Time to revive this blog! I’m going to start with a series of posts inspired by some awesome new children’s STEM books, starting with Junk Drawer Ecology: 50 Awesome Experiments That Don’t Cost a Thing by Bobby Mercer.
Do you enjoy themed collections of hands-on experiments and activities that can be done with little preparation time using stuff from around the house? Then check out the newest in the Junk Drawer Science series which delves into ecology.
First of all, what exactly is ecology? It is the study of the relationships of living things to one another and to their physical surroundings or environment. It encompasses concepts like habitats, food webs, and also human activities such as recycling. The book covers all those aspects.
High school Physics teacher Bobby Mercer has organized instructions for 50 activities into 4 general categories: “Reduce, Reuse, and Recycle”, “Animals and Plants”, “Water and Land”, and “Air.” Each activity has a brief summary of the project and the ecology concepts it covers. Next is a list of the materials needed “From the Junk Drawer.” Once you have gathered the materials, the instructions are given step by step, illustrated with black and white photographs (Note: if you are used to full color, professional images in children’s books, you might be put off by the quality of the photographs. But remember, smaller gray scale photographs have kept down the cost of the book, part of the effort to keep things inexpensive.)
Included with each activity is a discussion of “The Science Behind It” and ends with “Science for the Ages”, a description of the age requirements for that particular project — based on safety concerns — plus ways to extend learning. Although the reading age is listed as 9-12, most of the experiments and activities could be used as is or modified for a broader age range.
One activity that caught my eye was making your own paper straws — so you don’t have to use as many plastic ones. How can a paper straw be used in a liquid? The solution is dipping it in wax! Mercer also suggests using the paper straws for craft projects. For example, a bundle of un-waxed paper straws might make nests for wild bees if you used sturdy paper and put them in a sheltered location (previous post).
Many of the activities in Junk Drawer Ecology could also be extended and expanded to follow a child’s interests. Using inexpensive household items to do hands-on science that has potential to grow with the child? It doesn’t get any better than this.
1. Plant Ecology: Grow sunflowers
Want to study the relationships between living things? Planting sunflowers can be a great place to start. Larger varieties do well in the yard or garden. Smaller varieties can grow in a big pot on the patio.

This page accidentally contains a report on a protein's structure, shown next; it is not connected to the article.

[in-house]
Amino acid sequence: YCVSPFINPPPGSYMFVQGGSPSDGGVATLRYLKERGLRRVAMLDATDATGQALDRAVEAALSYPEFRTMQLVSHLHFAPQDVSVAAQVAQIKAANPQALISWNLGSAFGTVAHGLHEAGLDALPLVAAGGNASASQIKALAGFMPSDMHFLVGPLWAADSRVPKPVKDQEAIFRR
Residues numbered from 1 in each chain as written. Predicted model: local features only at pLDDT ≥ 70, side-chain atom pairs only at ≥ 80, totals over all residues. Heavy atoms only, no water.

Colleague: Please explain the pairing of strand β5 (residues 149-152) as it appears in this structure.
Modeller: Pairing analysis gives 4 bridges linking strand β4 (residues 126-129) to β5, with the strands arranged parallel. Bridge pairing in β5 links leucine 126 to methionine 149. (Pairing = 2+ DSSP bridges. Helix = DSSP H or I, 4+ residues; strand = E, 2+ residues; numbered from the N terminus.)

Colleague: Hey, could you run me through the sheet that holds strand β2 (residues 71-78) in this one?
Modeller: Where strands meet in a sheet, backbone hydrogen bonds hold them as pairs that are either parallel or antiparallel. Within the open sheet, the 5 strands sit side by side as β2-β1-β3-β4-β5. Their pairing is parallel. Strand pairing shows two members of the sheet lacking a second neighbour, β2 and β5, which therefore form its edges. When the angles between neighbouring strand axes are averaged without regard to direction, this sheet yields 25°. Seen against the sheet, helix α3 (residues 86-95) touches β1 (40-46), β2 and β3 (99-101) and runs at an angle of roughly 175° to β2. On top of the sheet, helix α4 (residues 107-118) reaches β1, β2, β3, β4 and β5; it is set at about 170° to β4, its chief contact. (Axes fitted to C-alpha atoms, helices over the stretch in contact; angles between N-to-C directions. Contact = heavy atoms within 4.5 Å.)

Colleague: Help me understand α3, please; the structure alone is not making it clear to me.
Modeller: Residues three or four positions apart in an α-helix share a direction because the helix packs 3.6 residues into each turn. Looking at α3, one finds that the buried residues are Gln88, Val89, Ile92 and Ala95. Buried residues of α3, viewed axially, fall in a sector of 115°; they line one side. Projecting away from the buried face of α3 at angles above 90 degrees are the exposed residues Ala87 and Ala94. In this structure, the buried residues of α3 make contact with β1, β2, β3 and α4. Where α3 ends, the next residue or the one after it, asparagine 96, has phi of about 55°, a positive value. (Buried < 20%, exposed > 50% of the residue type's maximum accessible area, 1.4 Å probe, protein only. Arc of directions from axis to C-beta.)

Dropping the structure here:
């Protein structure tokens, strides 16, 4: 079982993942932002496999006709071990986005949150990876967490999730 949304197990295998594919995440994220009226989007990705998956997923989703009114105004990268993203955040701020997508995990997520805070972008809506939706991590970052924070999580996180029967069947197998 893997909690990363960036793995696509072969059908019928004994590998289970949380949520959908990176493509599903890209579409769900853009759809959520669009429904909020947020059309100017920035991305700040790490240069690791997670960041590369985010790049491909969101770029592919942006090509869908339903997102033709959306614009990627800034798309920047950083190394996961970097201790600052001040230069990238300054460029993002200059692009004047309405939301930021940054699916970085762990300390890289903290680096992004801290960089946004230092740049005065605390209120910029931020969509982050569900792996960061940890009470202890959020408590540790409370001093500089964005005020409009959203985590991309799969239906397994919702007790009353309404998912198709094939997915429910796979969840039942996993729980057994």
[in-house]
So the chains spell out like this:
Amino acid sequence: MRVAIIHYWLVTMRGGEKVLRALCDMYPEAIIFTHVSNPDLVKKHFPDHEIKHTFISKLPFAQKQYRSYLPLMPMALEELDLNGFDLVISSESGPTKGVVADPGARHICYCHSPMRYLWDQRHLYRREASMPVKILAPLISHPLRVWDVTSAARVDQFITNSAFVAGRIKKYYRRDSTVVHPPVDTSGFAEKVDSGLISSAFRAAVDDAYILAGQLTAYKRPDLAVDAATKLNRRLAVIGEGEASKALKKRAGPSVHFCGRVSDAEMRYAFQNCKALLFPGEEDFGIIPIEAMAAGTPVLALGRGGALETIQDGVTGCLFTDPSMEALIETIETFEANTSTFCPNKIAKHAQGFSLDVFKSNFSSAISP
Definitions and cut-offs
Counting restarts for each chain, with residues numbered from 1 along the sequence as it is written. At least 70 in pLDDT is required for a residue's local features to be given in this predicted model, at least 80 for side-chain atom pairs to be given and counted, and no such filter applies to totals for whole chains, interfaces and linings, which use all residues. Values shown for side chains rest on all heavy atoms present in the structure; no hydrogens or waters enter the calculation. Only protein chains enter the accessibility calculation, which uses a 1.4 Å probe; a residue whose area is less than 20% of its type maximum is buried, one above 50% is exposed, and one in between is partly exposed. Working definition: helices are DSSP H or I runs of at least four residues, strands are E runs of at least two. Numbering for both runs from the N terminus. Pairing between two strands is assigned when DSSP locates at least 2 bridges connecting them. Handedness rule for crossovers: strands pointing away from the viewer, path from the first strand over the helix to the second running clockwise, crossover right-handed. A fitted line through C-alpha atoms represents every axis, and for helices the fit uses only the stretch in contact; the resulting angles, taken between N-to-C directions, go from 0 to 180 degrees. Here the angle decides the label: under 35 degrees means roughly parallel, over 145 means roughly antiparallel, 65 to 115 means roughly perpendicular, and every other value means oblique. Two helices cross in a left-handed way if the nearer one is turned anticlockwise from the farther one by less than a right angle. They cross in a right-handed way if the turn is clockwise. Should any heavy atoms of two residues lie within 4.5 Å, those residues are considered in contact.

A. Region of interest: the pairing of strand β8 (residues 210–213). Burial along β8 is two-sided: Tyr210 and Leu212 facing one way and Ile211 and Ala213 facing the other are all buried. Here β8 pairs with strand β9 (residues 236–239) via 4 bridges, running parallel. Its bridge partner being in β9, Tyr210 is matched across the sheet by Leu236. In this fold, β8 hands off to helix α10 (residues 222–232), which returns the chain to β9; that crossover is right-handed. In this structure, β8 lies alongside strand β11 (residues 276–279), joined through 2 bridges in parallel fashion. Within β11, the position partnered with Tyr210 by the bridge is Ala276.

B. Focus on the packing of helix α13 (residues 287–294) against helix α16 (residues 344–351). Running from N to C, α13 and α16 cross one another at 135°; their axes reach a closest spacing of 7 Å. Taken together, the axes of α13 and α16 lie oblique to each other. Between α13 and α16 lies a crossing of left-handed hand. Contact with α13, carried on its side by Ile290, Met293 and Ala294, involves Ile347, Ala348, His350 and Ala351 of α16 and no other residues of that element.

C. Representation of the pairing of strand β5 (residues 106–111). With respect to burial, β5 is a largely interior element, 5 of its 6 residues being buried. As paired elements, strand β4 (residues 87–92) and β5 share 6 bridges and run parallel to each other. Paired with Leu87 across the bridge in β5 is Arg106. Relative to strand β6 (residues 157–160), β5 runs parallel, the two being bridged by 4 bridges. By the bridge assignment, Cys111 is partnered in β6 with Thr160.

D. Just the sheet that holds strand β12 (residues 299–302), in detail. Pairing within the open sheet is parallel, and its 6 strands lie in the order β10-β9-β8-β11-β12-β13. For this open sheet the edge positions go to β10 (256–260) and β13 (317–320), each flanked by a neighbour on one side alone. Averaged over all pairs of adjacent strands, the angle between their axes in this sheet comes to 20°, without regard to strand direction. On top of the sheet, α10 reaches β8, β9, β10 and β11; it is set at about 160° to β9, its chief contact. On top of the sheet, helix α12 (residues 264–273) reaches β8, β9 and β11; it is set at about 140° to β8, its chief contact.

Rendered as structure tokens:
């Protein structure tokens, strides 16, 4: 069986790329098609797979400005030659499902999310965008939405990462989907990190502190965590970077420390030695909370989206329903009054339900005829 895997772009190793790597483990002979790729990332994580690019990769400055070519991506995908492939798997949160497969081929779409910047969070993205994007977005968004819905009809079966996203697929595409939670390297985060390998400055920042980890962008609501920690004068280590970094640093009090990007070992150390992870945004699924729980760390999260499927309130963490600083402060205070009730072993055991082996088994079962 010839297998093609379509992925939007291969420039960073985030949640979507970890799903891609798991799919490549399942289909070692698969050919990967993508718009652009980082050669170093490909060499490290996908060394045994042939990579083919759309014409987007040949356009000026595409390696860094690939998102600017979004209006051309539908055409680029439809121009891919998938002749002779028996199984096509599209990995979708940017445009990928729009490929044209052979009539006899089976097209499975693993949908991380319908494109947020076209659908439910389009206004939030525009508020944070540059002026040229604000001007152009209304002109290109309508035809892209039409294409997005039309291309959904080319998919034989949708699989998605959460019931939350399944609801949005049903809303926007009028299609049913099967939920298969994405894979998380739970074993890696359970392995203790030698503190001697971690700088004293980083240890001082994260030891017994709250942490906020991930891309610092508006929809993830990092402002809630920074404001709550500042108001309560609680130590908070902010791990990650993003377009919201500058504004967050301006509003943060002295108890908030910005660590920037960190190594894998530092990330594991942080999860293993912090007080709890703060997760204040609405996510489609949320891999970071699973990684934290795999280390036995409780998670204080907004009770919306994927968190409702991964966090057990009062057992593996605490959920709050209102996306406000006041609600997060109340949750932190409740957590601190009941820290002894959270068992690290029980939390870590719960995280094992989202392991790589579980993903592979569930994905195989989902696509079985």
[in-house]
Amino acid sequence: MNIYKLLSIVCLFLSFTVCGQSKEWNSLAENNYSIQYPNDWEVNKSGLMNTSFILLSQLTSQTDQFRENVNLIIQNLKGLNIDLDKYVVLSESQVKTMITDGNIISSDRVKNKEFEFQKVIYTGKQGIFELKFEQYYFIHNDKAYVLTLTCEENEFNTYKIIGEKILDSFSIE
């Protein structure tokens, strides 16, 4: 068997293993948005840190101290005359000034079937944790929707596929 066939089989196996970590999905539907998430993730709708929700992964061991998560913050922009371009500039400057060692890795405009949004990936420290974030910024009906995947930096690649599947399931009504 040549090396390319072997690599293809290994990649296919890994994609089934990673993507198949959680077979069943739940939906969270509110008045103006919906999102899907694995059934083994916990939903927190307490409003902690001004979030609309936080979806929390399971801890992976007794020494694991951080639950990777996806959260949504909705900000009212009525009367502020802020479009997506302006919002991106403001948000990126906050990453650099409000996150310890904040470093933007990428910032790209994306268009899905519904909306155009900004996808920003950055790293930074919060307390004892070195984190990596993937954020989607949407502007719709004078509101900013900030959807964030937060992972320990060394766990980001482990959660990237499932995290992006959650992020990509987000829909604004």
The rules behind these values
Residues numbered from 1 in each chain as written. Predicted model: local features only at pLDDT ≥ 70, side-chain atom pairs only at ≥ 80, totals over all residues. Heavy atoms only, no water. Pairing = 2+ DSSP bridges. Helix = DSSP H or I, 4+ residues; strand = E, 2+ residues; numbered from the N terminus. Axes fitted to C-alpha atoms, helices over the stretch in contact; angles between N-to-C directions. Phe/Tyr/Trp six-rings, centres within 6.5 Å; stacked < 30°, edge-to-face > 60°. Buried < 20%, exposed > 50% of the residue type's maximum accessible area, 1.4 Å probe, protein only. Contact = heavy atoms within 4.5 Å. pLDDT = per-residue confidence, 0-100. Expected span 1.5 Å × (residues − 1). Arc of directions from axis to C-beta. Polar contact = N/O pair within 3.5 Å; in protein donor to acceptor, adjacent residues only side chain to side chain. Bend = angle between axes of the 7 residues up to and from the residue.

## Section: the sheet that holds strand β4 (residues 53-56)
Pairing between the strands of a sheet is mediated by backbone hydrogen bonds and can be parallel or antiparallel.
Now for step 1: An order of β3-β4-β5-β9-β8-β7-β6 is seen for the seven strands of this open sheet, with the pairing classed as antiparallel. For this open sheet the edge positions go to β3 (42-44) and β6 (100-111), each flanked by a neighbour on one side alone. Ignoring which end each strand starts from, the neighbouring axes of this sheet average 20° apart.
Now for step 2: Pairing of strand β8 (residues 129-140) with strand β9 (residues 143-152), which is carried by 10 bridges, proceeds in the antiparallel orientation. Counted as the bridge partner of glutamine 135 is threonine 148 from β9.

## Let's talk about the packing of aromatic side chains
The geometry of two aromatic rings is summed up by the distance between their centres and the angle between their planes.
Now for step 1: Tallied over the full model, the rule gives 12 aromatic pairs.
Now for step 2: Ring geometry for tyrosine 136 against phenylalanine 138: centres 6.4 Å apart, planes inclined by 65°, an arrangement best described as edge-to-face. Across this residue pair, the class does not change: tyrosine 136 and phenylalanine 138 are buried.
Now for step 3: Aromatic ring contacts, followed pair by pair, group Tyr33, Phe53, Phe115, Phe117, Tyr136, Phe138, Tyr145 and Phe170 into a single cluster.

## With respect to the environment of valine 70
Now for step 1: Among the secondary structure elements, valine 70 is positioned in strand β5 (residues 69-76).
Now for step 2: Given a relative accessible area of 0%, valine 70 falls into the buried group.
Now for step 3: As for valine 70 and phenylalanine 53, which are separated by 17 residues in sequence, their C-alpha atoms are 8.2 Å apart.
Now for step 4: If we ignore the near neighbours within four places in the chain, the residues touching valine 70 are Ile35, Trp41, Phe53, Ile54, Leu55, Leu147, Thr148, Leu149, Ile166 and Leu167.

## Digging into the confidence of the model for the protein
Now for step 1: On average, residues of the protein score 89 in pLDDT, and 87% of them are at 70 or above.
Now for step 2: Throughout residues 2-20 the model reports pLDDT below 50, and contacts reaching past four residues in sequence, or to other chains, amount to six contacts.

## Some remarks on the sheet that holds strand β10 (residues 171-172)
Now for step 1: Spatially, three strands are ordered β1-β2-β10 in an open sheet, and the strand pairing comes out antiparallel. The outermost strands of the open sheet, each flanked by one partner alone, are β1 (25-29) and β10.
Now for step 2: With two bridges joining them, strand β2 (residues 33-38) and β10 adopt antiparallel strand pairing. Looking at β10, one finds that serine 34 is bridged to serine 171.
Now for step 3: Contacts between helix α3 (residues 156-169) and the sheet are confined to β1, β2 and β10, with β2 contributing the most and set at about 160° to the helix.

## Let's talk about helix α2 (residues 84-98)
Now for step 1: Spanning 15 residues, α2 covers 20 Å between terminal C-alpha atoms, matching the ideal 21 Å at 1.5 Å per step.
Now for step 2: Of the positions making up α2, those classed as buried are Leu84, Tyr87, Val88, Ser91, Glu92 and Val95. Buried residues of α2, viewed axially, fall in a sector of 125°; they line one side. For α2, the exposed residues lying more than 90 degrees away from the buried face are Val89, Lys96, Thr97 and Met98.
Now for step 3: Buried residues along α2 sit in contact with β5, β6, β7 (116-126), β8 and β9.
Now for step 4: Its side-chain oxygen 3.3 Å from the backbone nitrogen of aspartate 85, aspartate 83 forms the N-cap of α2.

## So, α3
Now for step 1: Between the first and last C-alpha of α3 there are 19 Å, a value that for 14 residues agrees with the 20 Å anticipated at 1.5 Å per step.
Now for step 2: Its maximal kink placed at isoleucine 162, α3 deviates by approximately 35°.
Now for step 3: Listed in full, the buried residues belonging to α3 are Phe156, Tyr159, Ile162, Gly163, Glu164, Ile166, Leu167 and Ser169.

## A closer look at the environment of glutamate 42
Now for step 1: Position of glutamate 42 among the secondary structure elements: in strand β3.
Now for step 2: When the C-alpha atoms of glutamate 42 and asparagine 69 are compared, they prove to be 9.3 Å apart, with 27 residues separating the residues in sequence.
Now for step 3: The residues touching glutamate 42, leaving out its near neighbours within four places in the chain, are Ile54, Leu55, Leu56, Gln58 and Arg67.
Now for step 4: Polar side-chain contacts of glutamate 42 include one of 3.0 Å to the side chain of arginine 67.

Plant seeds in the spring. You can either start the seeds indoors about four weeks before the average last frost date for your region, or your can plant into a pot or the ground outdoors after the last frost date.
Sunflowers provide food for insects, small mammals, and birds. Spiders may use them for a home while catching insects for food. Visit your sunflower plants every day and keep a record of what you see. Keep an eye out for smaller insects, like aphids and small caterpillars, as well as flying pollinators that visit the flowers for pollen and nectar.
If you would like, come up with an experiment to test how the physical environment might effect the plants or their visitors. For example, you might plant some seeds in big pots and some of the same variety in the ground nearby and see how the plants grow under the different conditions.
Sunflowers are very popular with flying pollinators, like this honey bee.
Aphids on sunflowers might attract other living things, for example parasitic wasps, lady beetles, or insect-eating birds.
At the end of the year, make a food web diagram of all the living things that depend on sunflowers for food. For example:
Remember: birds that eat sunflower seeds are also herbivores.
Previous post about sunflowers
2. Check out our previous ecology-related posts:
3. Want more hands-on STEM? See our growing list of experiment collections at Science Books for Kids.
Reading age : 9 – 12 years
Publisher : Chicago Review Press (December 14, 2021)
Paperback : 262 pages
ISBN-10 : 1641605499
ISBN-13 : 978-1641605496
Disclosures: This book was provided by the publisher. Also, I am an affiliate with Amazon so I can provide you with cover images and links to more information about books and products. As you probably are aware, if you click through the highlighted title link and purchase a product, I will receive a very small commission, at no extra cost to you. Any proceeds help defray the costs of hosting and maintaining this website.
Come visit the STEM Friday blog each week to find more great Science, Technology, Engineering and Math books.